The Best of Disability Blogs and Banter
In 2003, three months after I started culinary school, someone threw a fork into my plans (who uses wrenches in cooking?). I broke my neck in a diving accident leaving me a C5-6 quadriplegic and full time wheelchair user. Yeah, yeah. It’s sad and all, but this isn’t a pity party … this is about food! You want mopey, sad gimp stuff? This isn’t the blog for you. But there are tons of whiners out there on the net who love the “you can do it! We’re here for you!” Not here, unless you’re talking about a fig and goat cheese tart. The only pity I’ll take is when a recipe is unsuccessful and the ingredients cost a lot! I knew after losing fine motor and ability to stand I wouldn’t be able to do a lot of the things cooking requires. So what do I do to satiate my culinary urges? Teach my hubby and caregivers how to cook! They often joke they are my hands and my mom calls me the brains of the operation. Now, I’ve decided to start a food blog. My goals for this blog are to inspire you to cook; especially if you don’t know how to. Step by step, you’ll be making amazing meals like my husband whose cooking repertoire used to consist of boxed pasta, chicken breast, and Italian flavored diced tomatoes in a sauté pan.
I’m sure when he reads this he’ll say, “Hey! You liked that dish!” Yes honey I did, but you have come so far!
— Gina Campbell, www.culinaryquad.com
NPR Unfit to Write About Disability
There’s a piece by Chana Joffee-Walt on NPR’s website entitled “Unfit for Work: the Startling Rise of Disability in America.” Driven by anecdote rather than cultural analysis, her thesis is simple: the number of unemployed Americans receiving disability benefits has skyrocketed over the past 20 years. She intimates without fully declaring it, that there’s a vast social “scam” taking place — in the absence of good middle class jobs, and following the “end Welfare as we know it” enterprise, poor people simply decline into aches and pains, thereby getting themselves declared unfit for work. Alas, Joffee-Walt hasn’t done her homework.
Disability is entirely economic and has been so since the move to industrial models of labor. Those who cannot work in the factory were labeled “disabled” and that model of human economic utility largely continues to this day. Reasonable accommodations are the solution for workers whose physical capacities decline but as any seasoned person with a disability who has managed to remain in the workforce knows, obtaining accommodations is often so difficult, so humiliating, so Kafka-esque, most people give up.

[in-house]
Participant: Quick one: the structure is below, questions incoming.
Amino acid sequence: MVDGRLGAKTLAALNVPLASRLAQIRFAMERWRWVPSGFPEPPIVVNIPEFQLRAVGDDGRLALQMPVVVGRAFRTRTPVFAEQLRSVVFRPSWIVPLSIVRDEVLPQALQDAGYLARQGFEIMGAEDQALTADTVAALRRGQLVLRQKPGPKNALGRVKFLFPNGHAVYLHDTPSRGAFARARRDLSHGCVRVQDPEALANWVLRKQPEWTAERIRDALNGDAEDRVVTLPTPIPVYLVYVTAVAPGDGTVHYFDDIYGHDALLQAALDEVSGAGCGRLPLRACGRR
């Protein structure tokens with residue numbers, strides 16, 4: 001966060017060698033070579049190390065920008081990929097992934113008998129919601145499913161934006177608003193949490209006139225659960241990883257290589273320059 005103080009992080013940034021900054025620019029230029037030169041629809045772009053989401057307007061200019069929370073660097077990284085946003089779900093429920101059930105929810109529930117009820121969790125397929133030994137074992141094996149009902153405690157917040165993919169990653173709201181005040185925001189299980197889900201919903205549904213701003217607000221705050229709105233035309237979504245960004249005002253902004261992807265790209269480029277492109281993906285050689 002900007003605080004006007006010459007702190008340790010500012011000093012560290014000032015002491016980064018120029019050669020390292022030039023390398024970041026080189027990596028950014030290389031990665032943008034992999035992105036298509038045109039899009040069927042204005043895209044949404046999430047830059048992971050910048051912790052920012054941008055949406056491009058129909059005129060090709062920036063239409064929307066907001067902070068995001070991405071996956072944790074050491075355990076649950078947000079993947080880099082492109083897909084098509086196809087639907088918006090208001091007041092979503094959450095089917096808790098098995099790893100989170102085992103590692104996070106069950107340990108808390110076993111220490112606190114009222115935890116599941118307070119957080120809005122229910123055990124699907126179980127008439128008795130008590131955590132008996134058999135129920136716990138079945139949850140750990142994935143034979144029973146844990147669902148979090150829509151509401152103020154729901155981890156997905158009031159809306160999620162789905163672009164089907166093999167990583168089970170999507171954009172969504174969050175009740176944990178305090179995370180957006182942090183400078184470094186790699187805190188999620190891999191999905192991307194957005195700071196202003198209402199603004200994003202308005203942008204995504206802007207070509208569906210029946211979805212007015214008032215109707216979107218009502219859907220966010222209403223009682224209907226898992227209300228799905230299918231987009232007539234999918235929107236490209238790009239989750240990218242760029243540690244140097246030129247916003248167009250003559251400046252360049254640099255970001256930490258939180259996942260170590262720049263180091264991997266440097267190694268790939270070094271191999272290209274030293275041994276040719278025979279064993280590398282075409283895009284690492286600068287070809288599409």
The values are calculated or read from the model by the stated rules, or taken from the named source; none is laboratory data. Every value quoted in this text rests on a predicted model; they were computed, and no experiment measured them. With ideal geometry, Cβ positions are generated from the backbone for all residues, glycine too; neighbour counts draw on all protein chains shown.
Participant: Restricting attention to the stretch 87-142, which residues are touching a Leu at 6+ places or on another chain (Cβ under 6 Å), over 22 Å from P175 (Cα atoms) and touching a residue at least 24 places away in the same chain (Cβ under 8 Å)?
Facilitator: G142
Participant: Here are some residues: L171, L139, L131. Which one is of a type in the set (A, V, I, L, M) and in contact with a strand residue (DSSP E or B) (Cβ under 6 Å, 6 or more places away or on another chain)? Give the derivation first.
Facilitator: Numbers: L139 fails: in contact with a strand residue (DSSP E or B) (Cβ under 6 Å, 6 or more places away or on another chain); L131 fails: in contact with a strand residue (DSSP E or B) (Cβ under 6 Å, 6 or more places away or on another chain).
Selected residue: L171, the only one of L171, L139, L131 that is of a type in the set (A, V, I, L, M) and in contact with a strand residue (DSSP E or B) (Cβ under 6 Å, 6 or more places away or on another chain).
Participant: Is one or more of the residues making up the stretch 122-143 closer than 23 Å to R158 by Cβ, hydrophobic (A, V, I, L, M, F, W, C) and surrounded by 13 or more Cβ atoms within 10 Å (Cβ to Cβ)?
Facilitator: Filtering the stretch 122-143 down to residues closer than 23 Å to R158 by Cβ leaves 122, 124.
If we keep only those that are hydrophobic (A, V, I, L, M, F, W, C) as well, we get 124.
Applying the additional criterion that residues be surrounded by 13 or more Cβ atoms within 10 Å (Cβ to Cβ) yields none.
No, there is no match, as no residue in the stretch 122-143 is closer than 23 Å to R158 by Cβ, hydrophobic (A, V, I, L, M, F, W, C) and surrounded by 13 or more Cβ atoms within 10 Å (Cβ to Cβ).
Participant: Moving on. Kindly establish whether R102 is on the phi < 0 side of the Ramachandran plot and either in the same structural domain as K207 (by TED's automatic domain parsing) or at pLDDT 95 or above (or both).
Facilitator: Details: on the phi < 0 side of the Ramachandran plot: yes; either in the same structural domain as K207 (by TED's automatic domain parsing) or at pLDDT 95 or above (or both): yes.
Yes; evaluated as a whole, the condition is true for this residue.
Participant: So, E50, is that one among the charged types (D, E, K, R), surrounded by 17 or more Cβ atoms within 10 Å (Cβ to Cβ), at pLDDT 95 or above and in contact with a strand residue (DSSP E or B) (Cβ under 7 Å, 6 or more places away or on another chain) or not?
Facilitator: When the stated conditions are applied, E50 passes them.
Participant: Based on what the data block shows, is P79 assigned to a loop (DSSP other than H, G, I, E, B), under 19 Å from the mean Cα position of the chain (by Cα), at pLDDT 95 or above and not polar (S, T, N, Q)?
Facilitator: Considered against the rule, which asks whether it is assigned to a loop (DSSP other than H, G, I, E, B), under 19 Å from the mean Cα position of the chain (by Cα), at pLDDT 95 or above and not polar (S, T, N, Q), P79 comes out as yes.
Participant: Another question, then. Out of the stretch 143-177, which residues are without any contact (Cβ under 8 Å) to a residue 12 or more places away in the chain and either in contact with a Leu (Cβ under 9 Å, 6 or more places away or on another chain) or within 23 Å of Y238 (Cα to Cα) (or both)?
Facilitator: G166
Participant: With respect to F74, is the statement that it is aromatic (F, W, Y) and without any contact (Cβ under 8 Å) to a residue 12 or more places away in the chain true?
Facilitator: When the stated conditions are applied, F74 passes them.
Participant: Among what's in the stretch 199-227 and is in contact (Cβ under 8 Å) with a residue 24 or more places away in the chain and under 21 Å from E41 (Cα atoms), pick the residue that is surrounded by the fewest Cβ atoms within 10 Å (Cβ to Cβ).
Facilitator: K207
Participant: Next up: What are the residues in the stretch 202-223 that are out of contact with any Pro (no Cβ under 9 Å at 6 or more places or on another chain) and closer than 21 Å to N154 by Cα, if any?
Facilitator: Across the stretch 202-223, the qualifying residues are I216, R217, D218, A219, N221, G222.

Another way to say this is that a nation that believes in work is also a nation that believes in accommodations. Joffee-Walt misses this dynamic and ongoing dialectic and fails to illuminate the true nature of disability and joblessness.
— Steve Kuusito, www.planet-of-the-blind.com
Living With a Disability? Embrace Your Rebellion
Defiance is different for every person, in every battle, against every demon. Defiance is hanging your head to the applause you don’t want to hear and approaching the podium to speak. It’s twirling the drumstick despite the carpal tunnel bandage around your wrist and pounding the snare. For me, it’s moving in the world when it tries to swerve and blur around me. It’s plowing into it head on. It’s being a caretaker of humanity when, theoretically, they should be caring for me.
But part of that is expecting more of ourselves than the world expects. Getting up and going out is not rebelling against your impairment. Reaching out to another, making yourself — the inaccessible — accessible, finding humor in what you face, that is defying.
So whatever your rebellion is … embrace it. Channel it into your credo, your mantra, your hakuna matata. No revolution began without a leader of defiance.
— Shea Megale, www.themobilityresource.com; www.sheamegale.weebly.com